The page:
The Baha’i Gardens, also known as the “Terraces” of the Baha’i Faith or the “Hanging Gardens of Haifa,” are probably the most distinct tourist attractions in the city of Haifa, in northern Israel.
Until the Covid-19 (aka coronavirus) pandemic, the Baha’i Gardens received around 750,000 tourists a year – locals and foreign tourists alike, adherents to the Baha’i faith and people from other religions.
A short history of the Baha’i faith
The Baha’i religion is a relatively new one. It was established over 200 years ago by a Persian named Siyyid ‘Ali Muhammad Shirazi (1819-1850), who proclaimed himself as the “Bab” (the “gateway” to God) and was the founder of the Baha’i Faith. He sought out to spread his beliefs and eventually gained tens of thousands of adherents. But despite that, he was shunned by the Shia clergy and was eventually executed, only six years after he established this movement.
The Bab’s efforts and legacy were continued by Mirza Husayn Ali Nuri, who went by the name of Bah’u’allah. Like the Bab, he was hounded by the Shia clergy but continued with his missionary work. In 1868, Baha’u’allah fled to the Ottoman Empire but faced imprisonment. He spent the next 24 years in prison in Akkro (Acre). He was allowed to purchase a summer house (although he was still technically a prisoner), where he lived for the rest of his life.
Baha’u’allah’s son, Abdul-Baha, continued his father’s work and the three of them became canonized as the three most important and esteemed figures in the Baha’i faith. Today, there are about 7 million Baha’i adherents.
The terraces represent the Bab’s first 18 disciples, whom he accorded the title the “Letters of the Living,” although no individual terraces are connected with individual letters. The additional terrace is the terrace of the Shrine of the Bab.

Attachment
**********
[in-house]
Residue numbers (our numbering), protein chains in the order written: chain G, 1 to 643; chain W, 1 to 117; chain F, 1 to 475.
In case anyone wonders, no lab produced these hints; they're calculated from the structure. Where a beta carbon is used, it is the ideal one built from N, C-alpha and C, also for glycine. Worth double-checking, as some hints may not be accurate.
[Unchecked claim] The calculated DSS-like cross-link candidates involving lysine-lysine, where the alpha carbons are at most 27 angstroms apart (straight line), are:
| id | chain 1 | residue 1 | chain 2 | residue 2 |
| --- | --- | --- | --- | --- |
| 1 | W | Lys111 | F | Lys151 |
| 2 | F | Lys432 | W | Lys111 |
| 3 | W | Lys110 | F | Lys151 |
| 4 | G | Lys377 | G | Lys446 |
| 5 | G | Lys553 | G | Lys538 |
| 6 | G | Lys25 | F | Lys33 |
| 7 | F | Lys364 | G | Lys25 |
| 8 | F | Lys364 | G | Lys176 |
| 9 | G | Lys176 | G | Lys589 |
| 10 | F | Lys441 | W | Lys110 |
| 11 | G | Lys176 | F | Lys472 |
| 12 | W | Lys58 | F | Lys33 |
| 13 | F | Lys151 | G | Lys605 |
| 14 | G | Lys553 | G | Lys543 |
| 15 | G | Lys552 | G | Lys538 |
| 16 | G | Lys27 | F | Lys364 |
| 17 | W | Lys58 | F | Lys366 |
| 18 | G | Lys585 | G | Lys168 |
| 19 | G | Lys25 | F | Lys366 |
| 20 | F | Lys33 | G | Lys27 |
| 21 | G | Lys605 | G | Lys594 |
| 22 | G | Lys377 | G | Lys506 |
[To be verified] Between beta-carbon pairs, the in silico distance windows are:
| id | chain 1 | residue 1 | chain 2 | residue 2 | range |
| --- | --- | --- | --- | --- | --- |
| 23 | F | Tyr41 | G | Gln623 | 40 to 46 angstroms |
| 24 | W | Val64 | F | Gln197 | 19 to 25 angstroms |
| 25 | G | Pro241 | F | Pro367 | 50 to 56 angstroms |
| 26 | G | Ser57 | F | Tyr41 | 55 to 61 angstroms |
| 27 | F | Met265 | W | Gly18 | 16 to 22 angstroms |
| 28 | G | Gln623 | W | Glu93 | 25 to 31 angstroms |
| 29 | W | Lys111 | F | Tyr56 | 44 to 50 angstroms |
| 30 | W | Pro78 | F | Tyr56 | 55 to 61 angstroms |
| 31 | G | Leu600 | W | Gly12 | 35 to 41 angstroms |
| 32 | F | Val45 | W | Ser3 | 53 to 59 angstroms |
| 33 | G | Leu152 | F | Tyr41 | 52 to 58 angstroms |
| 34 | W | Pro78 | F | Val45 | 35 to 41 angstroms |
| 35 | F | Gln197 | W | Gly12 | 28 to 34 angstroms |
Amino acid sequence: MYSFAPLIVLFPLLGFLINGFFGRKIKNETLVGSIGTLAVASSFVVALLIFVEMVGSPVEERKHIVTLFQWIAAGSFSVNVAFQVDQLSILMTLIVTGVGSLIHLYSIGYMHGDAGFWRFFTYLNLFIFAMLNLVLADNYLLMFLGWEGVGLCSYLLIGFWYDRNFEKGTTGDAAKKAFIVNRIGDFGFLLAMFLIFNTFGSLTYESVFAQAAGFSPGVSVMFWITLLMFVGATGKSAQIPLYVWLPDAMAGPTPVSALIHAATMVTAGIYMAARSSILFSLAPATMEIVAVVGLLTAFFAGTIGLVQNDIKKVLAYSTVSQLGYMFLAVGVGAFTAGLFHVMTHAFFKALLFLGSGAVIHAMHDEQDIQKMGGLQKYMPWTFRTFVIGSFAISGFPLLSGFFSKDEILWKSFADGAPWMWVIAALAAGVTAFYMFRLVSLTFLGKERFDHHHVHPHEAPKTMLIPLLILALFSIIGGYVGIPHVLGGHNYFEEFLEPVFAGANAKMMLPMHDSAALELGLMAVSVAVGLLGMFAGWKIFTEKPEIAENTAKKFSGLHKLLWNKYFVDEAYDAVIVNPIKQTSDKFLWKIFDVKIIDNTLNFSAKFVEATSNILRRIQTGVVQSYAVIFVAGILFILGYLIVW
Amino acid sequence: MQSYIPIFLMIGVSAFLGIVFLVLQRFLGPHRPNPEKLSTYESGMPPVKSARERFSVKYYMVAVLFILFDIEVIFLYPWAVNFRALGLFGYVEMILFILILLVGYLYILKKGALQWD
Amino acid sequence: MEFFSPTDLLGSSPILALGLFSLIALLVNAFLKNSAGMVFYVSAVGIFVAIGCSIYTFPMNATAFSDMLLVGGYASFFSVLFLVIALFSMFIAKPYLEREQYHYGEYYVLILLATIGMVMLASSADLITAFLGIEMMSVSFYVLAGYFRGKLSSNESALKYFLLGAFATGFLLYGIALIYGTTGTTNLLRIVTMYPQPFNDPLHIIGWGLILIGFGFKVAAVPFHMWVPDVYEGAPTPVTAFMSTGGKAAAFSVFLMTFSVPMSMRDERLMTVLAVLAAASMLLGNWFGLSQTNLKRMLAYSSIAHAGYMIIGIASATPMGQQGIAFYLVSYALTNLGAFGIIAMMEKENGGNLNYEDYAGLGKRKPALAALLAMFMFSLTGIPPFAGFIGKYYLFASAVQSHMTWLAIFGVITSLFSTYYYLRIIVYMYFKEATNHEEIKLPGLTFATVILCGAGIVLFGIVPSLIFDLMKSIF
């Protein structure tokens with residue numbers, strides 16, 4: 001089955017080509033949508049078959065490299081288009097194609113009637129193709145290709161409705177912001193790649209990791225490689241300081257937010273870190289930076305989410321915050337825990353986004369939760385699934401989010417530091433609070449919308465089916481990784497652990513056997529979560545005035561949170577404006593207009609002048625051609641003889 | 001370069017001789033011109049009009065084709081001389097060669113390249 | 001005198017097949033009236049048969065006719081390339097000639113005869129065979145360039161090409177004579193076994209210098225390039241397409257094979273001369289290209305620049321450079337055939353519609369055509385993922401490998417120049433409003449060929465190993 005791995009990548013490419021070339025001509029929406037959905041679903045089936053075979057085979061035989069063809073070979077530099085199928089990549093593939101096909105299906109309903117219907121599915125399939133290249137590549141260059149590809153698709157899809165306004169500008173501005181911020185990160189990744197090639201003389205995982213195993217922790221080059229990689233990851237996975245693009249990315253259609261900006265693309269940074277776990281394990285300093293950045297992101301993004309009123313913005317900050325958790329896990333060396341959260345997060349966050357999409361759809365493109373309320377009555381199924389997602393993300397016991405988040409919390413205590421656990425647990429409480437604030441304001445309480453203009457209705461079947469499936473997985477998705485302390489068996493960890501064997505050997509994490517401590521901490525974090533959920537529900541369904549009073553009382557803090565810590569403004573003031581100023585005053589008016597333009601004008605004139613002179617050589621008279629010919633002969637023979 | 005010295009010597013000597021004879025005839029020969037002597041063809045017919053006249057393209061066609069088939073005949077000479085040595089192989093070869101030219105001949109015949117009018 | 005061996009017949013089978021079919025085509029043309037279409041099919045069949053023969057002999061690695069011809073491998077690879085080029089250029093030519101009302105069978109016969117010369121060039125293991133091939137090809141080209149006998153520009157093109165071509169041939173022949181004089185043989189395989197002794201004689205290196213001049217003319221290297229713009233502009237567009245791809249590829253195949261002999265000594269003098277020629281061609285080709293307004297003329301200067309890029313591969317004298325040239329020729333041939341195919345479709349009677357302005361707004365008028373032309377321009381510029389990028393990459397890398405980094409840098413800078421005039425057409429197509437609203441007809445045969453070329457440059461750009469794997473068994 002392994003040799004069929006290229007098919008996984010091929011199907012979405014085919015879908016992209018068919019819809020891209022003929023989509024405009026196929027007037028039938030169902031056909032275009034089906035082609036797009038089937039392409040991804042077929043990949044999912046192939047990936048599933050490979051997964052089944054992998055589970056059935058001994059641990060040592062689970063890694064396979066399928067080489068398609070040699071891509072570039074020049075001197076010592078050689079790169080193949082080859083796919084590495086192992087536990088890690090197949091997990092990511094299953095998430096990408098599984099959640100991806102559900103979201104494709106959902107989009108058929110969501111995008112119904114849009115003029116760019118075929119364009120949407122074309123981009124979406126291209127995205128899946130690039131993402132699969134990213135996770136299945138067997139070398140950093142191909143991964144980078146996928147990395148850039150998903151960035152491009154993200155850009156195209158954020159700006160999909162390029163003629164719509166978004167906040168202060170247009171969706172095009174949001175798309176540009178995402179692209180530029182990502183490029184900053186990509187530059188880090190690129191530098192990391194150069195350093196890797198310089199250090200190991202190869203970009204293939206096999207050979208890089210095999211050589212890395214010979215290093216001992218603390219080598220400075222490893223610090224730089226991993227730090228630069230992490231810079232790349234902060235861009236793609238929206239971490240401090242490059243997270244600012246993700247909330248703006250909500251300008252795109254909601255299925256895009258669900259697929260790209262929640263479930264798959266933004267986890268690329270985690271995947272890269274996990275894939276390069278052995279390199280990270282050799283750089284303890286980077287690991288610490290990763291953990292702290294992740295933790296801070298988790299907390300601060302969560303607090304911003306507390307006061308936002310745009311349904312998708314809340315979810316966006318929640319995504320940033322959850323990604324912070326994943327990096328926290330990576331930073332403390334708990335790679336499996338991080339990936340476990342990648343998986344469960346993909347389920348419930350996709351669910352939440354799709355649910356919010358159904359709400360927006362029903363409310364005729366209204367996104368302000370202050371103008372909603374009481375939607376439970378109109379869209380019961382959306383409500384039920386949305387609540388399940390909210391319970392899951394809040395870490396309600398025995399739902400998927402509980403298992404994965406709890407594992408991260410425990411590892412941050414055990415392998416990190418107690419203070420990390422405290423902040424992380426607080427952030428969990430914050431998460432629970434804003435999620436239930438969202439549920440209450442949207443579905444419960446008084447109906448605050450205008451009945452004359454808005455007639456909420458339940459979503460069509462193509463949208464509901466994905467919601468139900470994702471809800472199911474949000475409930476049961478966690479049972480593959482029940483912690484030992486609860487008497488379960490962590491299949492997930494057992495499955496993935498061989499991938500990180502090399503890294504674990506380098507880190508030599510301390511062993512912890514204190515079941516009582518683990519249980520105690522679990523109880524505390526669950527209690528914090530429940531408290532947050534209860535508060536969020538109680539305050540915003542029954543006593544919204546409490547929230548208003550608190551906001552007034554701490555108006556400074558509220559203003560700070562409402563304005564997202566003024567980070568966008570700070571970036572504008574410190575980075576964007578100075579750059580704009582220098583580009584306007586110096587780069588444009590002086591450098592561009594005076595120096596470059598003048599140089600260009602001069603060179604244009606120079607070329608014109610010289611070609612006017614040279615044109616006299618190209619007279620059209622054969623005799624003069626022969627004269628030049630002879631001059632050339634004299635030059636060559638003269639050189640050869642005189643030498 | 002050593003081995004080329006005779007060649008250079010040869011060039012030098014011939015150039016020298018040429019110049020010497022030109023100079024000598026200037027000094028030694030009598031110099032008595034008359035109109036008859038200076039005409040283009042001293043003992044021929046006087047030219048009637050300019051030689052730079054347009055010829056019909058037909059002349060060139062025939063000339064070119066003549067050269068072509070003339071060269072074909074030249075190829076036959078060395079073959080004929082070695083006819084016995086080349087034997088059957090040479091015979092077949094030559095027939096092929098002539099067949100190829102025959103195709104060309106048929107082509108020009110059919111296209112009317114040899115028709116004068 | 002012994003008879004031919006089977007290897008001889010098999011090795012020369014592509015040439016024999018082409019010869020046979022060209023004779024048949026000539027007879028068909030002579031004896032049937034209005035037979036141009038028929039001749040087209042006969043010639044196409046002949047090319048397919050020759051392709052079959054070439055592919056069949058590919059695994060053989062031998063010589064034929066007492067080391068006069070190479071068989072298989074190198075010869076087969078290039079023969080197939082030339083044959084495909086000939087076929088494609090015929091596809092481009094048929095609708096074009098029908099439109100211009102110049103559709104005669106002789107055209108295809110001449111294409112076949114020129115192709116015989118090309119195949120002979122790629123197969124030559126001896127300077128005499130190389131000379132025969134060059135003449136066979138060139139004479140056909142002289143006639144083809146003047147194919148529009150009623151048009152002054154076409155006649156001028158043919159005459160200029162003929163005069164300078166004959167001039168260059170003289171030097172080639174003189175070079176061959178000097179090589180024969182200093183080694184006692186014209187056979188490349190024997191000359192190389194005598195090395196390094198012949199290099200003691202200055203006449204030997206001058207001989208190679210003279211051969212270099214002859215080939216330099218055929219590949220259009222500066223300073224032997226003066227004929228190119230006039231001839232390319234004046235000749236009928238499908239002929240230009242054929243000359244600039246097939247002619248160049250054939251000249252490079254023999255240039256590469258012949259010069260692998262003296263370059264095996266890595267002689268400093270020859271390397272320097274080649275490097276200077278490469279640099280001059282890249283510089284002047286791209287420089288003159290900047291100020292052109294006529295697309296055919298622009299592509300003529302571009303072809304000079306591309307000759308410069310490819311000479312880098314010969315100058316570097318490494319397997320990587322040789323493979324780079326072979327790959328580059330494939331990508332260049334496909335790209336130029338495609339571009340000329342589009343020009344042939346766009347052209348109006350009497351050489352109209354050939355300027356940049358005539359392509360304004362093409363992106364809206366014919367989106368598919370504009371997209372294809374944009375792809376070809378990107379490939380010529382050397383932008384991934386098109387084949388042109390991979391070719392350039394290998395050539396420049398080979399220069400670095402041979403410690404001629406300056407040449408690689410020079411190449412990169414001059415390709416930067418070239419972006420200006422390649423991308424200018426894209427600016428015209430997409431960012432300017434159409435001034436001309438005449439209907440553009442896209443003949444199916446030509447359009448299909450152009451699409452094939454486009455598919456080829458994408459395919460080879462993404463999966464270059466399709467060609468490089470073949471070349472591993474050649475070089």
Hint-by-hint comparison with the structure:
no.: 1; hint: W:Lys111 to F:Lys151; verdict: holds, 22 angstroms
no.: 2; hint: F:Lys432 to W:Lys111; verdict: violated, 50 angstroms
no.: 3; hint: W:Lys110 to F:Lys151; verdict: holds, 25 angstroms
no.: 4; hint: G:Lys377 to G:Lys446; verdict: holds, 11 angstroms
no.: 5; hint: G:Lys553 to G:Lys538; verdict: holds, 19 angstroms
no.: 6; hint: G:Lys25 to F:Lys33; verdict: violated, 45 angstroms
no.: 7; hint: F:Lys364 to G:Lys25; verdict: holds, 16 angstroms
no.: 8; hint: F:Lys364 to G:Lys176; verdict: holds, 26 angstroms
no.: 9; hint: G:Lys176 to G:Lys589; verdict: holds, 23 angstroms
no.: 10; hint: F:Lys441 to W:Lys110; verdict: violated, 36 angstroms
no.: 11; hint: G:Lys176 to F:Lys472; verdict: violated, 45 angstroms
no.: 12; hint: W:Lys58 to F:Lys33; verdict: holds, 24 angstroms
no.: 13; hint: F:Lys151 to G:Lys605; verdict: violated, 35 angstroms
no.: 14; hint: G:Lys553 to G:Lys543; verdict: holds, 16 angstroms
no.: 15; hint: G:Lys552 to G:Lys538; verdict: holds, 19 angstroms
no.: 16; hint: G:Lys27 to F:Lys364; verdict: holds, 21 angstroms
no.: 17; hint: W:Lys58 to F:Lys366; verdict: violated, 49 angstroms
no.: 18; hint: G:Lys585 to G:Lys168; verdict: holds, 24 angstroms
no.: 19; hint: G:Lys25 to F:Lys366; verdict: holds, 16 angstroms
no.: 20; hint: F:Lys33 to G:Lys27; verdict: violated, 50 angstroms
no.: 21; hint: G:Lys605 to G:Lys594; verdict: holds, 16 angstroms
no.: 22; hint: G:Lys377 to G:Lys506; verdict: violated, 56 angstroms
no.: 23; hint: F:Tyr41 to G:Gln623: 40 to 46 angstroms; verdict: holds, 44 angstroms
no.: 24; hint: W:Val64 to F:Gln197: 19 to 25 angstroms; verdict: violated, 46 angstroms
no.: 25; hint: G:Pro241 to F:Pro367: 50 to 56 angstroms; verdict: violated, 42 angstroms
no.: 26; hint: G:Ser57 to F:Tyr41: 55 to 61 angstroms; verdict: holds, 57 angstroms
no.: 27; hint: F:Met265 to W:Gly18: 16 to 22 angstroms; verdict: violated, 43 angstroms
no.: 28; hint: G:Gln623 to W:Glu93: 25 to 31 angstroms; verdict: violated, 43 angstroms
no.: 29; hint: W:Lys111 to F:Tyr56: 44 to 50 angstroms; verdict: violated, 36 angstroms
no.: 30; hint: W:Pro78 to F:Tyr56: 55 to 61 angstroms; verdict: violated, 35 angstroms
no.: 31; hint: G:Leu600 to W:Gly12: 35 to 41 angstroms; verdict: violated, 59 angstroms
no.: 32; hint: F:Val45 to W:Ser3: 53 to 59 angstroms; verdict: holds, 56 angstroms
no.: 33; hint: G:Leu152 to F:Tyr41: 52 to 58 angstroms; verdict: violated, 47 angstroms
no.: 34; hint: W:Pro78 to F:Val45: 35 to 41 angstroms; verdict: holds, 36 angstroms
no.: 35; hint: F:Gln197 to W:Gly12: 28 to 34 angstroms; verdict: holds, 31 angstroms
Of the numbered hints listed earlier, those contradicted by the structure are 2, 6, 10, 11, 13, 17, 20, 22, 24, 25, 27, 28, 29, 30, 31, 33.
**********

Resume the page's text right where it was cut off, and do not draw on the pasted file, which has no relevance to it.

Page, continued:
The gardens can be divided into three sections:
- Lower section – which opens up the German Colony.
- Middle section – the gardens surrounding the Shrine of the Bab (with the golden dome), a mausoleum that houses the Bab’s remains.
- Upper section – it’s just off the Louis Promenade and the main gate. This is where the actual tours begin.
The gardens were designed by Iranian-American Fariborz Sahba, a Baha’i adherent himself, who began work on the project in 1987 and oversaw construction. The project funds came from donations made only by Bahai’s from many parts of the world. The gardens were opened to the public in June 2001. They are laid out on the slopes of Mount Carmel and are impressive because of their symmetry.
Nowadays, the gardens are tended by Baha’i World Center, the religion’s global headquarters. Verdant lawns and vivid flower beds flow down to the Shrine of the Bab, whose own construction was completed earlier, in 1953.
The meticulously maintained gardens exude a European feel, with stone eagles, magnificent fountains, flower beds, hedges trimmed into eight-pointed stars, and neatly mowed grass lawns.
At night, the gardens look spectacular, as they are illuminated with lots of lights. The floodlights provide the Shrine of the Bab an even more resplendent golden glow. You can see the sparkling view of the gardens from the German Colony.
The gardens were open to everyone at no cost. But everyone, both men and women, were required to dress modestly, keep the place clean, and behave accordingly.
Until the Covid-19 pandemic, there used to be free daily guided tours conducted at the gardens, both in Hebrew and in English. As of this writing, the gardens are temporarily closed to the public. To keep yourself up-to-date regarding the news about Baha’i Gardens, whether or not they are open again to visitors, visit its website: https://www.ganbahai.org.il/.